By The end of 2008, Sterling Truck Corporation will have completed a 400-tractor order for the southern California ports of Los Angeles and Long Beach. It is particularly noteworthy that these tractors will be powered by engines fueled with liquefied natural gas (LNG).
This is just the start of what Sterling officials hope will be a long-term opportunity. “We see a great emerging market for our natural gas fueled tractors and trucks,” said Rich Shearing, Sterling's manager of product strategy. “This vehicle cuts greenhouse gas emissions and reduces US dependence on imported oil.”
Shearing discussed the port contract during an August 5 press event in Napa, California. The natural gas truck order was prompted by California's Clean Trucks Program, which is focused on removing older, polluting container drayage trucks from the state's ports.
The Ports of Los Angeles and Long Beach will ban drayage trucks with pre-1989 engines by October of this year. By 2012, the port ban will be expanded to cover drayage trucks that don't meet 2007 emission requirements. The object is to reduce truck-related pollution at the ports by 80%. Other California ports are studying the program.
An estimated 16,000 tractors fall under the program. The Ports of Los Angeles and Long Beach will provide drayage truck owners with financial assistance in the form of a grant or lease to acquire the new trucks. Funding will come from the ports and the federal government and will be generated, in part, by a container fee of $35 per twenty-ft-equivalent-unit.
Looking beyond drayage operations, Sterling Trucks officials believe there is considerable market potential for natural gas powered heavy-duty trucks. Shearing said Sterling expects the natural gas trucks to be popular with distribution, regional, and leasing fleets, as well utilities and municipal fleets.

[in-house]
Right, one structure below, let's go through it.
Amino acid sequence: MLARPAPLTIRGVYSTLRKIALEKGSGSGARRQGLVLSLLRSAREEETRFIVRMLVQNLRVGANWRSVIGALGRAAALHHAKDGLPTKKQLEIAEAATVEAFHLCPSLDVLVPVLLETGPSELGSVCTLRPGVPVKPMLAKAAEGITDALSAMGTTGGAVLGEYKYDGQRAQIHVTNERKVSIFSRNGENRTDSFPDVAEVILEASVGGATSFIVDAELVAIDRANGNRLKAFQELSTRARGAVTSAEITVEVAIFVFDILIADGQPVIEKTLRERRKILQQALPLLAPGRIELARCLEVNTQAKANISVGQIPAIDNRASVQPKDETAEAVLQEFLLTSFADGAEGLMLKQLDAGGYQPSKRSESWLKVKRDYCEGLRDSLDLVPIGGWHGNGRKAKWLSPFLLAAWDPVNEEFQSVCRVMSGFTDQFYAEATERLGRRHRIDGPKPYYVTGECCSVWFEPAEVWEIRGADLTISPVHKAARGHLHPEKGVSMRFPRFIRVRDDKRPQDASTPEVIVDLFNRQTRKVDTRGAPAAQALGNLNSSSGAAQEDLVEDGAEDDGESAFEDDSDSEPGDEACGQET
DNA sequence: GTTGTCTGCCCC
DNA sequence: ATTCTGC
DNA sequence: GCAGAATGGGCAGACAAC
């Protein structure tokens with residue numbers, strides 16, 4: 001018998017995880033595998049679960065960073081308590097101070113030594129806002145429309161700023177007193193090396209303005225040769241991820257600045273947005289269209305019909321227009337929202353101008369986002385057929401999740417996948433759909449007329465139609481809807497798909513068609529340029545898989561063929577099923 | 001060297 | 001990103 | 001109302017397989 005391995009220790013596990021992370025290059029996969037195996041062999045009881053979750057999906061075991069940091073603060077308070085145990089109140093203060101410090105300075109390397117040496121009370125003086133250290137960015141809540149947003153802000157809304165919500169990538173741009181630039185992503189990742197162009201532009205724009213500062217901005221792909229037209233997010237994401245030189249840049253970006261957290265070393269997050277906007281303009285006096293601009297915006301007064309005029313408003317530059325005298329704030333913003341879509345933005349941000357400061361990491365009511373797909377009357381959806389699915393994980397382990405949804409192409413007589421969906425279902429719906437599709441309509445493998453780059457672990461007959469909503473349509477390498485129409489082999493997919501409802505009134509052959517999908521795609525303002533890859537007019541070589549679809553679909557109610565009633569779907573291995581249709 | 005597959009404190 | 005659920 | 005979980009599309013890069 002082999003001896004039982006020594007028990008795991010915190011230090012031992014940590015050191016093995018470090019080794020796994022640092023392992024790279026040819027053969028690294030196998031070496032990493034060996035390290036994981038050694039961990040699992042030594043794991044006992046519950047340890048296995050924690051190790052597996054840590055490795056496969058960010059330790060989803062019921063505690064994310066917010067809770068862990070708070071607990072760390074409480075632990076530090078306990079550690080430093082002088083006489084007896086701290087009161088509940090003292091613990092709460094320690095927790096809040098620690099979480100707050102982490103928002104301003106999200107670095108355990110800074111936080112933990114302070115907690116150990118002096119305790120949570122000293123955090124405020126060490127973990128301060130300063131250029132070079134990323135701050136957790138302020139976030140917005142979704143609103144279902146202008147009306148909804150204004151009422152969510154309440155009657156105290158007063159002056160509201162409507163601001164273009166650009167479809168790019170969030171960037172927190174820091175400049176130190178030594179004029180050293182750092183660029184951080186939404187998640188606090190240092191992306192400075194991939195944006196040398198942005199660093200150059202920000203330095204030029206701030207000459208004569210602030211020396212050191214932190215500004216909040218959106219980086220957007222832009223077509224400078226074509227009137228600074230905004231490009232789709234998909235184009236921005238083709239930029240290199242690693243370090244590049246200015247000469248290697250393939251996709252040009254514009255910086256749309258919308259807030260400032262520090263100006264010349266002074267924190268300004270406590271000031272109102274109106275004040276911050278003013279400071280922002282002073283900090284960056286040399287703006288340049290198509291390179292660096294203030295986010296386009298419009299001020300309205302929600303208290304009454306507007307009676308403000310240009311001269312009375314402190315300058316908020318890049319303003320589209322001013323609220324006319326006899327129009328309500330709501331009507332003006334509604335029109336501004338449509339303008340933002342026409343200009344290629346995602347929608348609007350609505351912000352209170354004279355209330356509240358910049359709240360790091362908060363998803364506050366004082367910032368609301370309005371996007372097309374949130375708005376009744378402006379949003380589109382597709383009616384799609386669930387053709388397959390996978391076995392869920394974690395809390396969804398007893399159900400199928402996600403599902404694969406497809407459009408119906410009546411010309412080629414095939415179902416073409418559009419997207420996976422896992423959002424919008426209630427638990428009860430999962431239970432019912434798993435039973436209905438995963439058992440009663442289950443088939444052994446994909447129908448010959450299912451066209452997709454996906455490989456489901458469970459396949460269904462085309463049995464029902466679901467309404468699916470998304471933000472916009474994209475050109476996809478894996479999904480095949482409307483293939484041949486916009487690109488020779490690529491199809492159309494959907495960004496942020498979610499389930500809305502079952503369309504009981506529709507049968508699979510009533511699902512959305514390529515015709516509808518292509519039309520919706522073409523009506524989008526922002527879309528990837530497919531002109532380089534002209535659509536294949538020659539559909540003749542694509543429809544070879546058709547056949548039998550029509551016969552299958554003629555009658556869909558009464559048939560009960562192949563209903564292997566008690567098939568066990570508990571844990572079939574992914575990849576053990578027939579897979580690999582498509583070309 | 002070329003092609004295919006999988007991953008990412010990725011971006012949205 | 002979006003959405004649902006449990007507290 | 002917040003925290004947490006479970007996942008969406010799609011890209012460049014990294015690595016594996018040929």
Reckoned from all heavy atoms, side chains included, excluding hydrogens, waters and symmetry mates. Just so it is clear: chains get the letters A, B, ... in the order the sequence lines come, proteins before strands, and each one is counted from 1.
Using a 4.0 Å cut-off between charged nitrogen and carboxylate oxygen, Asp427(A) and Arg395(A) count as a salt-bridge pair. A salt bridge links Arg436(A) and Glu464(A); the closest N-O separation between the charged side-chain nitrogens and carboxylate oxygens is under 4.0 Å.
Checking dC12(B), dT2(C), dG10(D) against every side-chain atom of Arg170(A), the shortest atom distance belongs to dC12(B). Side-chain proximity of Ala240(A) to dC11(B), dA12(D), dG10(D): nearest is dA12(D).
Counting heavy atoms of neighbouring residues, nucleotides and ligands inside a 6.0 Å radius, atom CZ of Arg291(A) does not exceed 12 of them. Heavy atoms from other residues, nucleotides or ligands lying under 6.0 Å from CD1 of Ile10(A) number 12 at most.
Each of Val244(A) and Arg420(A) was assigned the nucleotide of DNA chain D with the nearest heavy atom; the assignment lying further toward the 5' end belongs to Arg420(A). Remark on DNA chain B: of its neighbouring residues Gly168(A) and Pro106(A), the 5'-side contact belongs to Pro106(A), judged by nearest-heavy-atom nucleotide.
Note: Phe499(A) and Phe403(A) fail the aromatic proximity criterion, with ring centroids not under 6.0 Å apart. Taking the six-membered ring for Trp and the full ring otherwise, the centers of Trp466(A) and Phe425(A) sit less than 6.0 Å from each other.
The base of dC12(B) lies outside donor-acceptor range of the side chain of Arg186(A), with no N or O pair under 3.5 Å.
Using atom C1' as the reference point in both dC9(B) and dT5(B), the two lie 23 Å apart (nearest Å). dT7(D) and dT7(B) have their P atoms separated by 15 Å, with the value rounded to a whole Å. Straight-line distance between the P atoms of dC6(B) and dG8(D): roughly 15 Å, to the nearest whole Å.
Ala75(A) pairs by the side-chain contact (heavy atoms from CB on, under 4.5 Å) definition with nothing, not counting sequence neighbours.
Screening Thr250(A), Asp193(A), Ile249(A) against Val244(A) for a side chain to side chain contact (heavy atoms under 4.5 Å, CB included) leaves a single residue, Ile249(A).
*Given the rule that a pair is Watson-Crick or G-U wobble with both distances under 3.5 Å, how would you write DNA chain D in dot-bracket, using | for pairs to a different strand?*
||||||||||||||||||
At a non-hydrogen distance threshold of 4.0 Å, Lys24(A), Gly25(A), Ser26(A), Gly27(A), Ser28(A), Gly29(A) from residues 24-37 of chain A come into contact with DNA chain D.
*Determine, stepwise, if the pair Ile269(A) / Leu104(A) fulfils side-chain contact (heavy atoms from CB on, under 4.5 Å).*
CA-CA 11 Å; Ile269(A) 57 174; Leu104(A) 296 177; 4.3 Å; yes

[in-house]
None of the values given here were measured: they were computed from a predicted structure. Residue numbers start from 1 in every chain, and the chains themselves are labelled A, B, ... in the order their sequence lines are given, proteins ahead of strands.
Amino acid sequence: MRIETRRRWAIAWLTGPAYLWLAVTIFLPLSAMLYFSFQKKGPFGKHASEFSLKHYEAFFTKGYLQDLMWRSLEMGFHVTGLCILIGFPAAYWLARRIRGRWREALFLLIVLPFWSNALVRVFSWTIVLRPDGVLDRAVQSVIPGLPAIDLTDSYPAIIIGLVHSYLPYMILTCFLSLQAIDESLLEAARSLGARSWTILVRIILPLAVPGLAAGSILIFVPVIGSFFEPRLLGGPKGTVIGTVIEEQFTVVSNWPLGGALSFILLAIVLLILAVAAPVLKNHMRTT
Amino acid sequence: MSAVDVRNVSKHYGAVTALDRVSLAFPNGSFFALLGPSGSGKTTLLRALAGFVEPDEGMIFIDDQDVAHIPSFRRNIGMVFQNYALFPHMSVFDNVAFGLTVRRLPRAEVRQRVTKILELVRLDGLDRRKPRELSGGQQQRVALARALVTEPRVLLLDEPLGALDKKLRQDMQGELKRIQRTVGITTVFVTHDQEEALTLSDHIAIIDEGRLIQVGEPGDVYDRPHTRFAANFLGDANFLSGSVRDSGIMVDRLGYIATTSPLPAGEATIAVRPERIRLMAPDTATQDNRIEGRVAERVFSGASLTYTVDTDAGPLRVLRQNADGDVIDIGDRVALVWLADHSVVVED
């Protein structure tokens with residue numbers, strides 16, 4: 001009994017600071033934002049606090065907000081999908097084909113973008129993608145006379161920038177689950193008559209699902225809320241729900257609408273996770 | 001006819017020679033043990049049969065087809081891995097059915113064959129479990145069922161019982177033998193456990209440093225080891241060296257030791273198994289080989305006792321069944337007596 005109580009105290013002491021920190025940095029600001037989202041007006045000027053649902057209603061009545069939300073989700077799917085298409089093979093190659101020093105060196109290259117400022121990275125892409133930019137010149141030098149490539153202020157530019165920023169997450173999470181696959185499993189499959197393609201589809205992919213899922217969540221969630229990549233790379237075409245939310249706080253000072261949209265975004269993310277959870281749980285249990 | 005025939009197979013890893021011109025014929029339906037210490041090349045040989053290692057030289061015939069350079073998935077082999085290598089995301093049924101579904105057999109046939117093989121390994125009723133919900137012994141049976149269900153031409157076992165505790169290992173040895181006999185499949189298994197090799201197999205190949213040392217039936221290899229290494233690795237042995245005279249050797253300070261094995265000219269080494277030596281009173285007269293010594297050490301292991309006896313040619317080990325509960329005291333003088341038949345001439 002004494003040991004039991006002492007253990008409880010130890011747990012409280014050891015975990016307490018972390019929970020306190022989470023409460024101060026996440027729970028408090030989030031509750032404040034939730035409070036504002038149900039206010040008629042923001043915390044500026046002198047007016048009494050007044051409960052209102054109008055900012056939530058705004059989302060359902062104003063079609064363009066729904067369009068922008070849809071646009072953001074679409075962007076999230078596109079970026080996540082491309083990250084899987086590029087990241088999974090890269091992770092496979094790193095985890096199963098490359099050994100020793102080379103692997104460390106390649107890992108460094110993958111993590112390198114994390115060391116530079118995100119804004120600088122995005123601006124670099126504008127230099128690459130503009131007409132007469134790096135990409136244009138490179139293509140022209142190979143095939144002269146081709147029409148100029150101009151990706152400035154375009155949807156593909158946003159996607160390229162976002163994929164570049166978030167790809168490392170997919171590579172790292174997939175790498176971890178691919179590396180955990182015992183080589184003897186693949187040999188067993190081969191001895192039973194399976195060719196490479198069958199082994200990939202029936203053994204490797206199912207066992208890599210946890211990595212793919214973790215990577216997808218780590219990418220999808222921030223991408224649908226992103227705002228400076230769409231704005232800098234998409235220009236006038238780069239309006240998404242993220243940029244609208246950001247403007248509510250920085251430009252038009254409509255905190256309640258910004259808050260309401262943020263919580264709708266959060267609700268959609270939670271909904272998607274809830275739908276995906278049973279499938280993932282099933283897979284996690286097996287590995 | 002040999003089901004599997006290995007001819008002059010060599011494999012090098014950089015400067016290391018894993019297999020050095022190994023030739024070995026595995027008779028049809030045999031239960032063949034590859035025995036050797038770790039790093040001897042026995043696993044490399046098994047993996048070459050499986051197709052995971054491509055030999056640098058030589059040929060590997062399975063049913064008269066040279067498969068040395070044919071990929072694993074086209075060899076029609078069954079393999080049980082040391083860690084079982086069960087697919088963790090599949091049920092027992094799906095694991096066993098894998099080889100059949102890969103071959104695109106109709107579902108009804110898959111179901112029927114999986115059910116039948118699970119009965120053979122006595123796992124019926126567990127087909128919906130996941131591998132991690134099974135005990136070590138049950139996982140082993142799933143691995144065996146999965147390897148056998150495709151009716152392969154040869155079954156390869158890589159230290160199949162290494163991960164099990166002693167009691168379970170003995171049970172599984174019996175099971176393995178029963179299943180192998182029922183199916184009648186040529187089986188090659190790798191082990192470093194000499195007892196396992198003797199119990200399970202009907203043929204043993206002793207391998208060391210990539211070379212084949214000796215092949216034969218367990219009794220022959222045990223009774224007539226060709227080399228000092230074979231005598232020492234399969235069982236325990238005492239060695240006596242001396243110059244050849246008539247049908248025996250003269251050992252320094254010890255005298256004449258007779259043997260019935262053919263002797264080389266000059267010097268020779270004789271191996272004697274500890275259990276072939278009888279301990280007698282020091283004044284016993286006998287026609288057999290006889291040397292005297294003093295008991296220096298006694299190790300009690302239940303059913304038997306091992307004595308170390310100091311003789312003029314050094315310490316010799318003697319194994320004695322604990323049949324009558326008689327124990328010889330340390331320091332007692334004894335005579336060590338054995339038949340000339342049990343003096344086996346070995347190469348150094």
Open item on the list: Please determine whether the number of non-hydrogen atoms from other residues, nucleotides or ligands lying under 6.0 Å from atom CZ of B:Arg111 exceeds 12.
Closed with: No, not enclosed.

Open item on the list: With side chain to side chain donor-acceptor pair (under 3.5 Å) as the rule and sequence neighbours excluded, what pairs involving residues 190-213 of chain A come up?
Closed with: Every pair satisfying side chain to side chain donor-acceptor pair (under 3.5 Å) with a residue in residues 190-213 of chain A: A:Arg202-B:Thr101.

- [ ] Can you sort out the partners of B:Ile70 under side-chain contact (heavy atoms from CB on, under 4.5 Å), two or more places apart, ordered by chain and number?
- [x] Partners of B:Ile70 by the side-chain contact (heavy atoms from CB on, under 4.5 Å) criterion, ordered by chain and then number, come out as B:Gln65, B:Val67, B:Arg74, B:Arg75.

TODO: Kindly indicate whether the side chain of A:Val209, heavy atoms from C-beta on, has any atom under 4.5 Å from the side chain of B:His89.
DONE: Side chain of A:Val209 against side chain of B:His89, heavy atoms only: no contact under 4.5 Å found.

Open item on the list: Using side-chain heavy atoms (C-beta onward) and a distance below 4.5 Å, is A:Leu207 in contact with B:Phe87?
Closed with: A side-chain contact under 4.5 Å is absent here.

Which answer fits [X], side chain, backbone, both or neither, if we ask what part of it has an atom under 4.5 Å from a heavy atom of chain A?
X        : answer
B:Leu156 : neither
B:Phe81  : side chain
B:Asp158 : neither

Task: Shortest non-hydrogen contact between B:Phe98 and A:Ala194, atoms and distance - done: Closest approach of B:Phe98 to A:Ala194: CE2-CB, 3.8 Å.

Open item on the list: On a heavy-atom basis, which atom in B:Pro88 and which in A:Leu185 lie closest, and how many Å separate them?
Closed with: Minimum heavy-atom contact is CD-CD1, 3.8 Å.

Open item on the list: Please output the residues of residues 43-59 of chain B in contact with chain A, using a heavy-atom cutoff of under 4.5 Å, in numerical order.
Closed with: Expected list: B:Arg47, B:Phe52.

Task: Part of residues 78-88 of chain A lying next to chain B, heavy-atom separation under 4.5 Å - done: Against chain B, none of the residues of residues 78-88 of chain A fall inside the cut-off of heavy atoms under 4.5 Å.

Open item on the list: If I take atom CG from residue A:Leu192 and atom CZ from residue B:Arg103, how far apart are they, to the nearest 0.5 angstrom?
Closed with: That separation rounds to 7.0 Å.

“We're offering these fleets a factory-installed natural gas fuel system, and it comes with a factory warranty,” he said. “We're using proven technology that provides low emissions and diesel-comparable performance. In addition to being more environmentally friendly, natural gas costs less than diesel and the United States has an abundance of it.”
Sterling Trucks uses its Set-Back 113 model for the natural gas vehicle. The truck comes with the Cummins Westport ISL G power plant, an 8.9-liter stoichiometric cooled-exhaust gas recirculation engine.
Available in ratings up to 320 horsepower, the ISL G already meets Environmental Protection Agency 2010 standards with 85% lower NOx emissions than the C Gas Plus engine and features the highest power-to-weight ratio in class with an optimized turbocharger. The ISL G also has a maintenance-free exhaust system with a three-way catalyst.
“Natural gas technology has come a long way,” Shearing said. “Buses have been using it for years, but these next-generation NG power trains have more power because less air is needed for combustion. Additionally, the technology simply burns cleaner.”
As configured for the Ports of Los Angeles and Long Beach, the ISL G engine used in the Sterling Set-Back 113 is rated for 80,000 pounds gross combination weight (GCW) at road speeds under 55 miles per hour, Shearing said. GCW drops to 65,000 pounds at higher speeds and locations other than the two ports.
The operating range for a Sterling Set-Back 113 with a single LNG fuel tank is approximately 275 miles. The engine can run on either LNG or compressed natural gas.